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How to Enhance Your Photos With Textures – Part 1: Adding Textures

In photography a texture image or “texturing” is used to enhance or accent some part of the image in your digital darkroom.  Although they can help you create eye-catching works of art, textures also can be very easy to overdo. In this article I’ll explain my process for adding textures to my photography, using Adobe Stock and Photoshop,  to create more impact, transform the mood of the image, or improve on the composition.

lighting, speedlights, model, photography, photo education, photo tutorial WPPI

Lights, Colors, Fractals

I shot this photograph at WPPI in Las Vegas a couple of weeks ago. I was at the ClickProps Studio Backdrops booth. This company makes over 500 backdrops in various

How to D.I.Y. a Snoot & Grid

What is a snoot? A snoot is just a funny name for a piece of equipment, generally a tube or similar objects such as a conical, cylindrical, or rectangular shape,

Rediscovering a lens that I already owned

When packing for trips, I find myself seesawing between my Fuji X system and Nikon DSLRs. We do underwater, street, nature and landscape photography. Do I pack the Fuji X-Pro2,

How to Make Your Photos Look Great with Curves Layers in Luminar

Curves layers are one of the most misunderstood, yet more powerful adjustments you can make. Our images are all made up of pixels, which each have values for color and luminosity. With Curves adjustments, we can remap the pixels’ values for these, changing them to be brighter or darker, or changing their color.  In Skylum Software’s Luminar you can add multiple curves filters, and make each layer target very specific parts of your image.  This will give your images more depth, dimension, and beautiful color.

How to Finish Your Wild Animal Photos With Tone Mapping

Funny thing about animals is they move around, a lot. So a technique like HDR, which requires several images that are nearly identical in everything but exposure values, is usually not an option for wildlife photographers. Often thought of as mainly a tool for landscape and architecture photography, High Dynamic Range photography captures a series of shots at multiple exposures to provide detail in both highlights and shadows a camera cannot capture in one frame. But, in the case of a running horse or flying bird, even at high shutter speeds and frame rates there will be large differences in their position from frame to frame. This makes multiple exposure HDR pretty impractical, if not nearly impossible, for wildlife and other action photography.

While the multi-shot HDR technique may not work well for high-speed creatures, software like Aurora HDR is a useful tool to put the finishing touches on your wildlife photos. Instead of capturing a series of shots at multiple exposures as you would for landscapes, you use a single shot in a process called “tone mapping”. This is a fast and easy way I use Aurora HDR to Tone Map a single image and add some extra pop and punch to wild animal images.

How to Remove Noise with a Luminosity Layer in Aurora HDR 2018

HDR (High Dynamic Range) processing of your photos by its nature can result in a lot of noise or graininess in your final image. While Macphun’s new Aurora HDR 2018 for PC’s does a great job overall reducing noise, there are still times when noisy areas appear in your processed HDR. This can be caused by many reasons, but most commonly it’s due to your settings in camera (such as shooting at too high of an ISO) or any image processing you have done to your images before merging them in Aurora (such as exposure adjustments). Regardless of the cause, you can remove most of this noise by using a “Luminosity Layer”. This technique saves a lot of time, giving you consistently good-looking results, quickly.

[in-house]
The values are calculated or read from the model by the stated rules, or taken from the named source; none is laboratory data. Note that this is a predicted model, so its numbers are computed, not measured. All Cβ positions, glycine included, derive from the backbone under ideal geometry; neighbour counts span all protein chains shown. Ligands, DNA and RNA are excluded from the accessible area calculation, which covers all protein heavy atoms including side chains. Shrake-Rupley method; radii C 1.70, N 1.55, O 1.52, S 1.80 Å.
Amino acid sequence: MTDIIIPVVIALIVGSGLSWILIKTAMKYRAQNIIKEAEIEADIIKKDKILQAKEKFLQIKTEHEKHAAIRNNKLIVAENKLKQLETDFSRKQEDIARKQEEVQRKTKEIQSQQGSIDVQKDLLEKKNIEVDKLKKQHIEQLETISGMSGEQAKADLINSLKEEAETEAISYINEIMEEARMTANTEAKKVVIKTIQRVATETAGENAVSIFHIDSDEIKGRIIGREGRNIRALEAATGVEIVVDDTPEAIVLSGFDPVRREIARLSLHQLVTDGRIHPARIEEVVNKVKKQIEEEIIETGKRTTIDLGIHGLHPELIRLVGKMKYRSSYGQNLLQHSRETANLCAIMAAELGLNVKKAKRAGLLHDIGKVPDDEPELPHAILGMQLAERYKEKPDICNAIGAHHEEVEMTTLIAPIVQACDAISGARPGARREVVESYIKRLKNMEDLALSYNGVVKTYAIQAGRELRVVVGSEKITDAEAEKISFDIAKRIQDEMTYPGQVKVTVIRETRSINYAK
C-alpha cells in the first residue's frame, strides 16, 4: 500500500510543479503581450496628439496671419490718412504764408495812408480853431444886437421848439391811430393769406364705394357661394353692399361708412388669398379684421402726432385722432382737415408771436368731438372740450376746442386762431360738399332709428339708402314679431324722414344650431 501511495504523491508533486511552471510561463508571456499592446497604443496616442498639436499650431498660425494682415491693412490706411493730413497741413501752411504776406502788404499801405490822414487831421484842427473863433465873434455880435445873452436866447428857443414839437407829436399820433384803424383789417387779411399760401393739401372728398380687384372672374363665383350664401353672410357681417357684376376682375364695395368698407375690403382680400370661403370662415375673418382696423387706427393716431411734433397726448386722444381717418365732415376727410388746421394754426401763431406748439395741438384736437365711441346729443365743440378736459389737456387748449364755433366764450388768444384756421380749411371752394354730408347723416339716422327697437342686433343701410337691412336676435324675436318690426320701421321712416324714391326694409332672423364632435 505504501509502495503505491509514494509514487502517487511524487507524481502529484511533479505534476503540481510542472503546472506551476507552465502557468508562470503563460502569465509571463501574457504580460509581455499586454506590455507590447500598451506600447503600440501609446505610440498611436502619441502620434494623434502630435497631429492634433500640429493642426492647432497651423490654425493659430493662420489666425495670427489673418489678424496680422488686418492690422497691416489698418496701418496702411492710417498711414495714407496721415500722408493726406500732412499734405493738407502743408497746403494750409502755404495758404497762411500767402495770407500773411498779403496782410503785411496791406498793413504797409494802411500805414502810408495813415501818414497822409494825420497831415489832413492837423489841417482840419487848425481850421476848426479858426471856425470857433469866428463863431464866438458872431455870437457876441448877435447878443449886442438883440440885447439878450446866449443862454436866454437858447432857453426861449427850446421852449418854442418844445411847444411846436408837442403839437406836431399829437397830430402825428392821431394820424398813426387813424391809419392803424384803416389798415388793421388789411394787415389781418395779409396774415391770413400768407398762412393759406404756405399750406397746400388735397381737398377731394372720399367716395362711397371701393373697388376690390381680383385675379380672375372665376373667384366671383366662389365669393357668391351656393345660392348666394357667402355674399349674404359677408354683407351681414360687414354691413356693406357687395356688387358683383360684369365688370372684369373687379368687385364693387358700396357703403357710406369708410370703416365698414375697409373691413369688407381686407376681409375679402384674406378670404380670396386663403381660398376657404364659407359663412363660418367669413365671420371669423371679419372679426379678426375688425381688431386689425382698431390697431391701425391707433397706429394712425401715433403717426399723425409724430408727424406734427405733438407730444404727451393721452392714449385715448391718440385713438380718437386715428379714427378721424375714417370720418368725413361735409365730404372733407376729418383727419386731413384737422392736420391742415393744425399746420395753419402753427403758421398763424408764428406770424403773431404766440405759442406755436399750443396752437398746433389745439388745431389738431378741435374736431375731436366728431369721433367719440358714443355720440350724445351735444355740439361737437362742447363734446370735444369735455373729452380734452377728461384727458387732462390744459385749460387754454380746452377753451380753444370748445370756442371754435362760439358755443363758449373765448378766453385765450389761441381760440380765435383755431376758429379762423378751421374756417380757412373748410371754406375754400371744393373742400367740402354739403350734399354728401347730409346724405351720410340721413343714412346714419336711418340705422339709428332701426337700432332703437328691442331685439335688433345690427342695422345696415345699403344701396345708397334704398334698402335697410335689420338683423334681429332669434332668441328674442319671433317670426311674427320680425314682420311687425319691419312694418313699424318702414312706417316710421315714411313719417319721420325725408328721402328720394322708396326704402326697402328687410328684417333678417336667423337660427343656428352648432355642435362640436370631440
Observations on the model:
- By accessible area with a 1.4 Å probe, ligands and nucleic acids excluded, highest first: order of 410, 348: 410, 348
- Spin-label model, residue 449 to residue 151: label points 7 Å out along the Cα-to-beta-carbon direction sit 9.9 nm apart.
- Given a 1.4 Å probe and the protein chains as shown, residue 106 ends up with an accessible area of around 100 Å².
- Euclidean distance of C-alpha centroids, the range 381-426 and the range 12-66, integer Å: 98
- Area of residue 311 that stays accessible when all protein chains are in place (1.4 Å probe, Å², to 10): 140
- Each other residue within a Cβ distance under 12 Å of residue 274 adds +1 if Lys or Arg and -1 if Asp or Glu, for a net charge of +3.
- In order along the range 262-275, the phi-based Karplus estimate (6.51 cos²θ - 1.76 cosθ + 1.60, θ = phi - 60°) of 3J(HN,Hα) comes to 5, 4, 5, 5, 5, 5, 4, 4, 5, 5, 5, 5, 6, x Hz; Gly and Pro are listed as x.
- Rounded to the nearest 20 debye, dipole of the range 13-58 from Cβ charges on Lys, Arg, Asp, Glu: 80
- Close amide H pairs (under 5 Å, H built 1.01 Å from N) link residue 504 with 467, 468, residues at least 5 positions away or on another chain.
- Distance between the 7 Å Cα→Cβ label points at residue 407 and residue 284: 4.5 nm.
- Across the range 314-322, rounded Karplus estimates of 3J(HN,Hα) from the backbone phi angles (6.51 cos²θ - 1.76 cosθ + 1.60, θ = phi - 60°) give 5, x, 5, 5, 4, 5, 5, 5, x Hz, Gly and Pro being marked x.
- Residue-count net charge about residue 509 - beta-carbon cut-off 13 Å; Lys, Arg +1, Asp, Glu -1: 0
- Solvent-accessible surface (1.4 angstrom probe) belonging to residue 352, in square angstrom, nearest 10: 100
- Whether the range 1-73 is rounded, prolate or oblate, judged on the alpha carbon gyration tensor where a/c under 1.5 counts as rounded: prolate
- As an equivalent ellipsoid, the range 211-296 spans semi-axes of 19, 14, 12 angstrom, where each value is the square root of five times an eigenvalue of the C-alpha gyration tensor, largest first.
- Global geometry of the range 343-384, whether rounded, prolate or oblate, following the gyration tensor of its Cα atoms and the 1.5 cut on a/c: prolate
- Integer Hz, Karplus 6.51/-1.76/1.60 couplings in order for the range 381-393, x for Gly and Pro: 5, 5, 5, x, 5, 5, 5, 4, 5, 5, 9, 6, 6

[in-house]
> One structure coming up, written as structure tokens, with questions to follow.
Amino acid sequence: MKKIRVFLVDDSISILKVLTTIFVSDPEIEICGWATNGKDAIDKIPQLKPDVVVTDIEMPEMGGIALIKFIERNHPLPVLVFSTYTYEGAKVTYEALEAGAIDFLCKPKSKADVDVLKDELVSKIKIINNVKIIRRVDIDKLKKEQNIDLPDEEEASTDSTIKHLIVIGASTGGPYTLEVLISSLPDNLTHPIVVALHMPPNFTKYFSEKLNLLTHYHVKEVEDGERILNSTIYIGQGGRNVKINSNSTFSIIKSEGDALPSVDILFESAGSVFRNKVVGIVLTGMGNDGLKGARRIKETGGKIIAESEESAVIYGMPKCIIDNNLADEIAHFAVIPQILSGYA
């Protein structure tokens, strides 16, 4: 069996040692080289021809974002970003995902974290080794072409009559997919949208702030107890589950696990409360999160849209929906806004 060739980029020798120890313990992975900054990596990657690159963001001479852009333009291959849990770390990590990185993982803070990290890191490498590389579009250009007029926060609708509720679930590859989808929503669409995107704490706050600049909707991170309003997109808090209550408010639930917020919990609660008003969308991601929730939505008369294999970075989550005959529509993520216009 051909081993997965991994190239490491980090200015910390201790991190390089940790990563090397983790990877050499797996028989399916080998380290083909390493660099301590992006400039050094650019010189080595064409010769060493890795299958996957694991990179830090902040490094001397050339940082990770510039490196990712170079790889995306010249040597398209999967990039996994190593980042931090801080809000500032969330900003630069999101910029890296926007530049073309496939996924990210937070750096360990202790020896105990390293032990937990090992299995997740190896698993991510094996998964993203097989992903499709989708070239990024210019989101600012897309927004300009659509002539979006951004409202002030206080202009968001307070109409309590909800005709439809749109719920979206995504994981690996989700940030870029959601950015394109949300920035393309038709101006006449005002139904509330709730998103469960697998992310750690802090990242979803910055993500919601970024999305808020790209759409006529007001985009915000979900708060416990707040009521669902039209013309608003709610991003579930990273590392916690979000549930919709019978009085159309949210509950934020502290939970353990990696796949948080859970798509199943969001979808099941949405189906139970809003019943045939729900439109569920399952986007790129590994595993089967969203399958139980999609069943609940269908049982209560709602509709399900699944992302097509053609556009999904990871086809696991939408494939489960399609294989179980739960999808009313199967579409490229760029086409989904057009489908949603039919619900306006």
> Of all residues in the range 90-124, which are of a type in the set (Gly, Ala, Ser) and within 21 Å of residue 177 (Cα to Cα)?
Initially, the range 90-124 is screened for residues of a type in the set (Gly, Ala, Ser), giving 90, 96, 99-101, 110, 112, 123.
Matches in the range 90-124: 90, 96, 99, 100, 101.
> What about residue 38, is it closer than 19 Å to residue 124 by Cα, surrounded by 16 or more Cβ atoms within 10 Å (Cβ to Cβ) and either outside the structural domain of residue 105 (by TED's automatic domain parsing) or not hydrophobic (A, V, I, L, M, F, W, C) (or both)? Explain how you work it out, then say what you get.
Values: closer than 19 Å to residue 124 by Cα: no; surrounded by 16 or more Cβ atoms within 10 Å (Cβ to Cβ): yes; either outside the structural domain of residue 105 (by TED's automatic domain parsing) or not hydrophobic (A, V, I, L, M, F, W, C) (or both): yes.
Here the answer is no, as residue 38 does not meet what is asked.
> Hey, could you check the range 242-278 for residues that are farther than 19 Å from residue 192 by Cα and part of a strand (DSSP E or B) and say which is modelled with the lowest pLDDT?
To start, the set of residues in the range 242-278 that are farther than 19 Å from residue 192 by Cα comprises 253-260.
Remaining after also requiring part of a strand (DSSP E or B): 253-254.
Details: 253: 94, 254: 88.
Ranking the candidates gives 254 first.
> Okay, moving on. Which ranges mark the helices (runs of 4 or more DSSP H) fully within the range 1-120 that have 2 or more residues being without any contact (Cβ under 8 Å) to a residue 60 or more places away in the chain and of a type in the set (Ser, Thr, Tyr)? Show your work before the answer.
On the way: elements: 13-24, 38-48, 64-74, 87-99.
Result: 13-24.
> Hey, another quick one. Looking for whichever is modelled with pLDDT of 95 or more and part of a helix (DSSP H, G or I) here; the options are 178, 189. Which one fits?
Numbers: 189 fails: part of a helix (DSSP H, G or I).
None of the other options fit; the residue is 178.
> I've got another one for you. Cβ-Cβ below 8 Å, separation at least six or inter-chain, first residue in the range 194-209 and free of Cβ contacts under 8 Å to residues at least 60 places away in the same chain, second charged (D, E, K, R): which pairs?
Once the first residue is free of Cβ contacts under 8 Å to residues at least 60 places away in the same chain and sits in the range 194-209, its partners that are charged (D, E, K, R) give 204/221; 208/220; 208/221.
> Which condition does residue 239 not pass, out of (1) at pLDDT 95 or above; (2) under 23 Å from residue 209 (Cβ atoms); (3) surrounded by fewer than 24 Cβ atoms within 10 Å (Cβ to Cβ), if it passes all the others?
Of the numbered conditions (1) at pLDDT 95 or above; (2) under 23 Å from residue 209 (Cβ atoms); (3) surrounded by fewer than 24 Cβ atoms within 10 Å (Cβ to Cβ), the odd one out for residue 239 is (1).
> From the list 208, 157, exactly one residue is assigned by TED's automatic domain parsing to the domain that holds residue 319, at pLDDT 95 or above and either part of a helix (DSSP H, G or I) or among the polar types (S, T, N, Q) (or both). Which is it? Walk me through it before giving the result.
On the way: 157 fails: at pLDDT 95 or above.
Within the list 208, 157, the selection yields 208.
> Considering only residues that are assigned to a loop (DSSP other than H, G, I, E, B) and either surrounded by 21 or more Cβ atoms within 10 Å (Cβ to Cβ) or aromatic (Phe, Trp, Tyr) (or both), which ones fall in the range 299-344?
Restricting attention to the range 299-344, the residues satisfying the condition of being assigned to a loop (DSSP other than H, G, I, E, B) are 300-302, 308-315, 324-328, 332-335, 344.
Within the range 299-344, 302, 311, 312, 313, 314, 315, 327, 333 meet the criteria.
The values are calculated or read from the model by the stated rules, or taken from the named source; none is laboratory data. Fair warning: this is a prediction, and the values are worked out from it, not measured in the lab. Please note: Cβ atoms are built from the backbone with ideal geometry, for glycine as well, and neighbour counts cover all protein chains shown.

Vermont House

Lab Luminosity Masks

Editor’s Note: Lee presents a very powerful way of enhancing color and sharpening an image in this post. The video that concludes this post is an excellent tutorial with step

Avoid These Tripod Trip Ups!

Most photographers will tell you that a good tripod is one of the most important equipment investments you can make for your photography.  But, just owning one isn’t enough to give you better pictures.  You have to have the right one to fit your photography, as well as know how to use it properly.  

For as much time as we spend discussing and dissecting our settings, we often don’t think about the physical mechanics of how we take pictures.  Over the years of running photo workshops and pursuing my own photos, I have seen many mistakes and mishaps with tripods, some resulting in pretty serious damage to pricey gear.  These are some of the most common I’ve encountered (or accidentally committed), so you can avoid not only the pain of a missed shot, but worse, a toppled tripod and a crashed camera.  

Enter to win a new camera, post-processing software and more!

It’s our birthday, and we want to celebrate with you! Check out our 21st birthday contest and enter to win a new camera, Drobo 8D, X-Rite calibration tools, XPozer prints, Skylum software and more!

Plus, by entering you’re automatically eligible to win one of our monthly prizes. This month we’re giving away a software bundle with Luminar 4, Aurora HDR and Plotagraph!